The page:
Leaner times may lie ahead for second-largest economy
Slower but more sustainable investment growth for China in 2014 as policy-makers focus on domestic consumption
The China Ireland Technology Growth Capital Fund will invest in fast-growing companies in Ireland that have an interest or presence in China, and will also back similar Chinese firms that want to set up here. Photograph: Nelson Ching/Bloomberg
As expected, economic growth slowed in China last year prompting a bout of questions about the economic outlook for the year of the horse, which starts on Friday.
While there is general consensus that China’s economy is gaining in depth and that high-energy double-digit growth days are no longer suitable in a changing economy, there are mixed signals coming from analysts. However, it’s looking like president Xi Jinping’s efforts to bring in a significant reform package could mean leaner times ahead for the world’s second- largest economy.
China’s economy grew 7.7 per cent last year after lower investment growth led to a cooling in the final quarter. Growth in the €6.9 trillion economy was unchanged from revised levels in 2012.
One of the most notable changes in the data was how the services sector is now bigger than the manufacturing sector. Its share of gross domestic product (GDP) rose to 46.1 per cent, outstripping the manufacturing sector for the first time.
This ties in with efforts by Xi to retool the Chinese economy, with the leader, who was installed last March, redoubling his efforts to transform its economy by promoting domestic consumption ahead of exports and investment. China may lose further momentum this year.
As the government tries to steer the economy away from investment-led growth, expansion of fixed-asset investment is at decade lows. “We are likely to see a continuation of slower but more sustainable investment growth in 2014 as policy-makers focus on rebalancing the economy to domestic consumption,” said Moody’s Analytics in a research note.
Lombard Street Research analyst Diana Choyleva said the growth slowdown this year will be faster than many expect “not least because the downturn over the past two years has been much weaker than the official numbers show”.
She says China’s fundamental problem is its excessive savings rate and “warped financial system” which have skewed its development towards unproductive investment at the expense of consumer spending.
Investment in property in China accelerated 19.8 per cent last year, a sign the booming market has resisted Beijing’s sustained efforts to cool it down.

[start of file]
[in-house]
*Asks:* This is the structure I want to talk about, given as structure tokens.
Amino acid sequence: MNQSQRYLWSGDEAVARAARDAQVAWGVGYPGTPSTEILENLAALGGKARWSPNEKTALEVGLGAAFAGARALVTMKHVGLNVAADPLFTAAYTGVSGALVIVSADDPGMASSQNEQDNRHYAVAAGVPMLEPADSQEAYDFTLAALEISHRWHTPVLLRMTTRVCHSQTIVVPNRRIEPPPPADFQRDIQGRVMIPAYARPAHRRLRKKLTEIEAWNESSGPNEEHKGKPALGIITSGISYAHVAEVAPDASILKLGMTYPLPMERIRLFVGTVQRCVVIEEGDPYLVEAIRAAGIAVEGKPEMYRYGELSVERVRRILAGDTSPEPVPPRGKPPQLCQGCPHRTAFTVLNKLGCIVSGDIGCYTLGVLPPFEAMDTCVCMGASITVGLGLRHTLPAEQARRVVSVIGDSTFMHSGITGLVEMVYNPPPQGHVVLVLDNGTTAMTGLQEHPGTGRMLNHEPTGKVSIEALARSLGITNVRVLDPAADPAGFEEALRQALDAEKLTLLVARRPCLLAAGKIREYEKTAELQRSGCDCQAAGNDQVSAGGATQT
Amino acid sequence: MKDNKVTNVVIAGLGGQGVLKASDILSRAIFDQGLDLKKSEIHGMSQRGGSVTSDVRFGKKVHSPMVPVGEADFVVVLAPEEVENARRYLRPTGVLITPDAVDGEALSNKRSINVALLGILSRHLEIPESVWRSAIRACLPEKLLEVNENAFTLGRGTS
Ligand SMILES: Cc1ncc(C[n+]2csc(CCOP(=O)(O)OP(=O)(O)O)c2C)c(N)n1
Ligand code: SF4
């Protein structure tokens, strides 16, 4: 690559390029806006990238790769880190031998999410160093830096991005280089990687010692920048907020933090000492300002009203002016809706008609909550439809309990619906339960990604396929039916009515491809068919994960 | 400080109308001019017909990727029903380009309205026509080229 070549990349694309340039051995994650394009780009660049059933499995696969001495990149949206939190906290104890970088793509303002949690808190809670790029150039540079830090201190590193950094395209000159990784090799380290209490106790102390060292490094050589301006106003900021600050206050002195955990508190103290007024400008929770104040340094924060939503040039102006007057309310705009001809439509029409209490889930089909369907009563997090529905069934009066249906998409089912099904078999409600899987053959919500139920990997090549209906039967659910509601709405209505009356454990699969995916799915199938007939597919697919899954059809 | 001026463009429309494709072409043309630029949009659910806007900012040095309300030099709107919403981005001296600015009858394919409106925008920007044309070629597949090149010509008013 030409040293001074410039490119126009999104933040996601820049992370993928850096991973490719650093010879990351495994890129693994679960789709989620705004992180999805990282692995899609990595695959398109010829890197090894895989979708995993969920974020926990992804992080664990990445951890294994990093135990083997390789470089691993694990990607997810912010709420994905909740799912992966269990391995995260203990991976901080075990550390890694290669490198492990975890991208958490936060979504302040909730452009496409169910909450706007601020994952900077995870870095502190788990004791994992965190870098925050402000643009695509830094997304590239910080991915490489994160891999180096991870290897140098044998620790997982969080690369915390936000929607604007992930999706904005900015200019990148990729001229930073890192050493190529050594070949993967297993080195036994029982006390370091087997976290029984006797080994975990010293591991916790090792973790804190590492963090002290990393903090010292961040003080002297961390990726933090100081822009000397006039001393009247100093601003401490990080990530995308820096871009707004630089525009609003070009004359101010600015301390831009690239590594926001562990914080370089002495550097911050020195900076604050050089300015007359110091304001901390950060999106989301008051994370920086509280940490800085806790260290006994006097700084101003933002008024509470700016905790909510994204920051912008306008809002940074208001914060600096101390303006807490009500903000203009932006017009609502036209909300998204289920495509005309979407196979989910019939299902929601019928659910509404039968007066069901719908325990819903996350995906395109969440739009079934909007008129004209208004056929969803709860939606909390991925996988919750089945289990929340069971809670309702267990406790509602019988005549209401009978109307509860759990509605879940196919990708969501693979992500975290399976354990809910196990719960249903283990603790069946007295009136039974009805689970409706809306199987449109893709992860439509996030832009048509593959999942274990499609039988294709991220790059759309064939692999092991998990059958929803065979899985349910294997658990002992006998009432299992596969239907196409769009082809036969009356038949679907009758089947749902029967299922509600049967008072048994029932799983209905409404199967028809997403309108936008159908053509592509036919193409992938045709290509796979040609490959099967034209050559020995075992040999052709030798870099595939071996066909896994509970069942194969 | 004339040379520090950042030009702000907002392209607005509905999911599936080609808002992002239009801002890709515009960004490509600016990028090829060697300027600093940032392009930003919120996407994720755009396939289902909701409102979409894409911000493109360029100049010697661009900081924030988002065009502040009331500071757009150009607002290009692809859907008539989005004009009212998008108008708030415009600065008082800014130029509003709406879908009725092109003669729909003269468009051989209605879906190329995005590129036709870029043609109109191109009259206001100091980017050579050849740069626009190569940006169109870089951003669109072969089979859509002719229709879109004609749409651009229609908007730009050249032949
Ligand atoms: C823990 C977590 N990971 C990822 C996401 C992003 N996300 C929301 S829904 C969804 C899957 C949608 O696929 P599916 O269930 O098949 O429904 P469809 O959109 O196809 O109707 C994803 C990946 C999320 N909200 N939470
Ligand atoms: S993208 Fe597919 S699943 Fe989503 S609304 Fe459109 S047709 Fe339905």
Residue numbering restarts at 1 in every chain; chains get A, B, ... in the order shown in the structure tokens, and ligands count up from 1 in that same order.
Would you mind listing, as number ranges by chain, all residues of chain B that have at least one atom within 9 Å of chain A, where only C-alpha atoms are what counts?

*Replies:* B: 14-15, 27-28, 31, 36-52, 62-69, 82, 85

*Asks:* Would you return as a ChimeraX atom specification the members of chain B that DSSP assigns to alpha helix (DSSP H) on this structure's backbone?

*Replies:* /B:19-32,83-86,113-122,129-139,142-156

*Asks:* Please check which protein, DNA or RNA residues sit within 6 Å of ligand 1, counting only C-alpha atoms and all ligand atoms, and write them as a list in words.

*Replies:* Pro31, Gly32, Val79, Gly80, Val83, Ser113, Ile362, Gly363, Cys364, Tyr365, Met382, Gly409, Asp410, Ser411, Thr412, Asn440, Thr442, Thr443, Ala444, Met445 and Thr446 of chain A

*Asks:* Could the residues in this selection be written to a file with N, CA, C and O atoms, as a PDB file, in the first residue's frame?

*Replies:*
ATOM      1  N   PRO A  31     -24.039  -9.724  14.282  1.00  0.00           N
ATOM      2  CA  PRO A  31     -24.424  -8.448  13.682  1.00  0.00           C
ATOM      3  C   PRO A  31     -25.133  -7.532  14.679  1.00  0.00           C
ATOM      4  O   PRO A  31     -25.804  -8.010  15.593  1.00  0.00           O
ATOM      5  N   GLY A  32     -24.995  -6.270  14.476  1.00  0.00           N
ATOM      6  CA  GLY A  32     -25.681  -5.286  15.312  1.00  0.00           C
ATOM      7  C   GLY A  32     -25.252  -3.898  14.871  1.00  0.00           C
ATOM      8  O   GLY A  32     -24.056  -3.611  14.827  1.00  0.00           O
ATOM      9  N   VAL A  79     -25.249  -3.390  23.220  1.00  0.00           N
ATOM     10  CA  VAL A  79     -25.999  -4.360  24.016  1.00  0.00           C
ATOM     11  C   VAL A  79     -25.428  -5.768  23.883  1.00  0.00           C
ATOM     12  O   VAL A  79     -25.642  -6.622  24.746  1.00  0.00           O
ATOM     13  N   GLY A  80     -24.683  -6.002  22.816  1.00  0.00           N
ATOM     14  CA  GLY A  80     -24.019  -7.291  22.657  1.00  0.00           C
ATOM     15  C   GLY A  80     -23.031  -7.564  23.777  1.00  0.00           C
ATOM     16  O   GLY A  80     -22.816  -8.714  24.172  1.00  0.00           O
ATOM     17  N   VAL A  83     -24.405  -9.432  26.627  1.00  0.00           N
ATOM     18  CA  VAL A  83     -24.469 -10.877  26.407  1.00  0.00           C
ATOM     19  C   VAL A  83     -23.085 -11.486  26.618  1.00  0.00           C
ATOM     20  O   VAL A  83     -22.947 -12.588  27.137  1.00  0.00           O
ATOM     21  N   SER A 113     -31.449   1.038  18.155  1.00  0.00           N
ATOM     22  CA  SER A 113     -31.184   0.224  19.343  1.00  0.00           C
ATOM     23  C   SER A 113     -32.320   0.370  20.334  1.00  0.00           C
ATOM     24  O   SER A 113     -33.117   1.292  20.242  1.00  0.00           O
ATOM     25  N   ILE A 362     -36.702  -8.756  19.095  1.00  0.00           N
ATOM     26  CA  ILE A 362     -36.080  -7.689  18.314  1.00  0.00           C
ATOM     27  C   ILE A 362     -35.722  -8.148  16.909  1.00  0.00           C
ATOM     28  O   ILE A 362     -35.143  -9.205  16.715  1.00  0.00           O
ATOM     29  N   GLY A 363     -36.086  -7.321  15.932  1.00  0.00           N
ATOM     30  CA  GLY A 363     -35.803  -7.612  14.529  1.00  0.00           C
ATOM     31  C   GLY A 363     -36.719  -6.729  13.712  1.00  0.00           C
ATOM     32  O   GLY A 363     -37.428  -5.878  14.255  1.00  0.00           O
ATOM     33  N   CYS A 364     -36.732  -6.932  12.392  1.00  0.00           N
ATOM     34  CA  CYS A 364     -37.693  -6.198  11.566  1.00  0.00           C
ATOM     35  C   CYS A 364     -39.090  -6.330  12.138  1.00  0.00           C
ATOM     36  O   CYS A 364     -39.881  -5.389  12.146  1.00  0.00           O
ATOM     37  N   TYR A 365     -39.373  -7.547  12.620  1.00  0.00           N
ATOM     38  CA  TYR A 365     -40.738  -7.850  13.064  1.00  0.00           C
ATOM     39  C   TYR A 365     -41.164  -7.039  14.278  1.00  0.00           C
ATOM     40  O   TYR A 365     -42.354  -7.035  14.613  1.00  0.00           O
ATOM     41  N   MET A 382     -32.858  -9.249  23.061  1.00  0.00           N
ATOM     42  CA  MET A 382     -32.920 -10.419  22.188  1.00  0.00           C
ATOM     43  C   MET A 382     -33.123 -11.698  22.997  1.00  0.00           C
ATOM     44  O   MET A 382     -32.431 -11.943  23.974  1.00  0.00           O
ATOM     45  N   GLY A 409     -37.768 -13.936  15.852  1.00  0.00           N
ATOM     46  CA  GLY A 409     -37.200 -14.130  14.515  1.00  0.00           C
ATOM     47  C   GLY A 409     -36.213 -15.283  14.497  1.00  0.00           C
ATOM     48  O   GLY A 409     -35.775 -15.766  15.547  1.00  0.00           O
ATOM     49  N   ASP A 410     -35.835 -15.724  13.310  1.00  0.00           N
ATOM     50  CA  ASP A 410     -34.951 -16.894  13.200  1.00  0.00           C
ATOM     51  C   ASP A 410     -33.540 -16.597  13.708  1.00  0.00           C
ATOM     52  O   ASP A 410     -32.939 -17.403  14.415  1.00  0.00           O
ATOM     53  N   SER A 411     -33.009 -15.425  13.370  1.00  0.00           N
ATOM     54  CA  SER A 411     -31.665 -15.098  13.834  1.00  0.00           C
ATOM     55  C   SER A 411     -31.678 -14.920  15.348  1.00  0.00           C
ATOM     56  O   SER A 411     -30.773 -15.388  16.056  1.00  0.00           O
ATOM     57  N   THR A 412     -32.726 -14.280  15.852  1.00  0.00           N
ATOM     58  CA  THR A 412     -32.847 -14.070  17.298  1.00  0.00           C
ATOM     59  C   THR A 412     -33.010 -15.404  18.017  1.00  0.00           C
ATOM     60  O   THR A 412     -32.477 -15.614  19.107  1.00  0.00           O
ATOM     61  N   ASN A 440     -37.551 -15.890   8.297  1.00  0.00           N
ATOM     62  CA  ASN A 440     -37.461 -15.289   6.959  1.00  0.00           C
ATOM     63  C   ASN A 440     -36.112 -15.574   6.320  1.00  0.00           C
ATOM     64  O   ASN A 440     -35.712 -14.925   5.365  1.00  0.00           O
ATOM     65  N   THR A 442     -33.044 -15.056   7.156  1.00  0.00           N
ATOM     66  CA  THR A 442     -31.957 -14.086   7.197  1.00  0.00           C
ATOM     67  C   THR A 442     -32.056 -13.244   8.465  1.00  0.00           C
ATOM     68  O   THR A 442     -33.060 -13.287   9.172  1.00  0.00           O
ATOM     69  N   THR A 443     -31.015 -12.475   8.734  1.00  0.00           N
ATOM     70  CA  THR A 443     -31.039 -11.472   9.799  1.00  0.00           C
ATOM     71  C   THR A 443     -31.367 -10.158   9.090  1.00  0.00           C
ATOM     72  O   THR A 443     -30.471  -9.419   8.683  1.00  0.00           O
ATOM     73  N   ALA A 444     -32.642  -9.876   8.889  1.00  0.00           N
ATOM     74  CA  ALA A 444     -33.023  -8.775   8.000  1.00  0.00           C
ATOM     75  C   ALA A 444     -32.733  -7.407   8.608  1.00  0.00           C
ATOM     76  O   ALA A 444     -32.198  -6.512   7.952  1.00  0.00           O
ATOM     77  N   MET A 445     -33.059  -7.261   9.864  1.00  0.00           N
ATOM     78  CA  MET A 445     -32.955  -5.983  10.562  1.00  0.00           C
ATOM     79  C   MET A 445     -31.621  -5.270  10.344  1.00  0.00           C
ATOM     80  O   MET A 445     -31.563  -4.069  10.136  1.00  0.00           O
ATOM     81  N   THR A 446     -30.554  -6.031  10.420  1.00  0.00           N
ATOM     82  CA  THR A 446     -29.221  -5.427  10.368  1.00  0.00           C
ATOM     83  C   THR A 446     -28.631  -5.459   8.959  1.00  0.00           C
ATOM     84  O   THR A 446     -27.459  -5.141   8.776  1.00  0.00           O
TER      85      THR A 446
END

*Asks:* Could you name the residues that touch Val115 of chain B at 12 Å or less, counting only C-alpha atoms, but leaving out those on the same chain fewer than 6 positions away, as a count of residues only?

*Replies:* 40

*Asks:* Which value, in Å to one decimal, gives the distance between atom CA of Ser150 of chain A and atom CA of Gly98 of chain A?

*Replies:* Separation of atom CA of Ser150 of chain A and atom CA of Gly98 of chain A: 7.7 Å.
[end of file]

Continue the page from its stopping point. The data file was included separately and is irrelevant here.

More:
“With credit conditions likely to remain relatively tight, we expect investment spending and economic growth to slow further in 2014,” the economic research group Capital Economics said in a note to clients.
There were positive signs in the recent raft of data. Retail sales grew 13.6 per cent in December from a year earlier, while the amount of goods coming out of China’s factory gates rose 9.7 per cent. “We maintain our view of ‘being optimistic and realistic’,” analysts at Barclays wrote.
Barclays expects good progress in areas that should help the services sector, such as deregulation, fiscal and tax reform, financial sector development, services liberalisation and rural-urban integration.
There is a gloomier backdrop among companies, however.
Business confidence slumped in January to the lowest level in four months, following December’s sharp rise, with firms reporting falls in nearly all activity indicators, according to the MNI China Business Indicator.
The indicator fell to 52.2 in January from a two-year high of 58.4 in December with some companies reporting weakened demand ahead of the Chinese new year holiday.
The December high was potentially boosted by improved hopes for the Chinese economy following the third plenum meeting in November, which have now dissipated.
“While the stimulus measures over the summer of 2013 helped to boost some of the business activity measures in the survey, particularly new orders, many of these have now fallen back,” MNI said in a statement.
The Chinese government, as ever, remains upbeat.
“Key 2013 economic indicators have turned out to be within the range, as China created more than 10 million new jobs and inflation came in at 2.6 per cent for the whole year,” according to the official report on Xinhua, and they said it was “a good report card” presented to China’s leaders, under Xi.
The debate about the risks provided by shadow banking, credit intermediation involving entities and activities outside the regular banking system, is likely to continue long into the year of the horse.
UBS analyst Wang Tao says that while the strength of global demand and Chinese exports is a risk to growth, liquidity squeezes and credit volatility are a threat, caused by de facto interest rate liberalisation and rapid growth of shadow banking, “as well as a tightening bias in policy to slow credit growth and defaults in the shadow banking market that could have a ripple effect on overall liquidity and credit conditions”.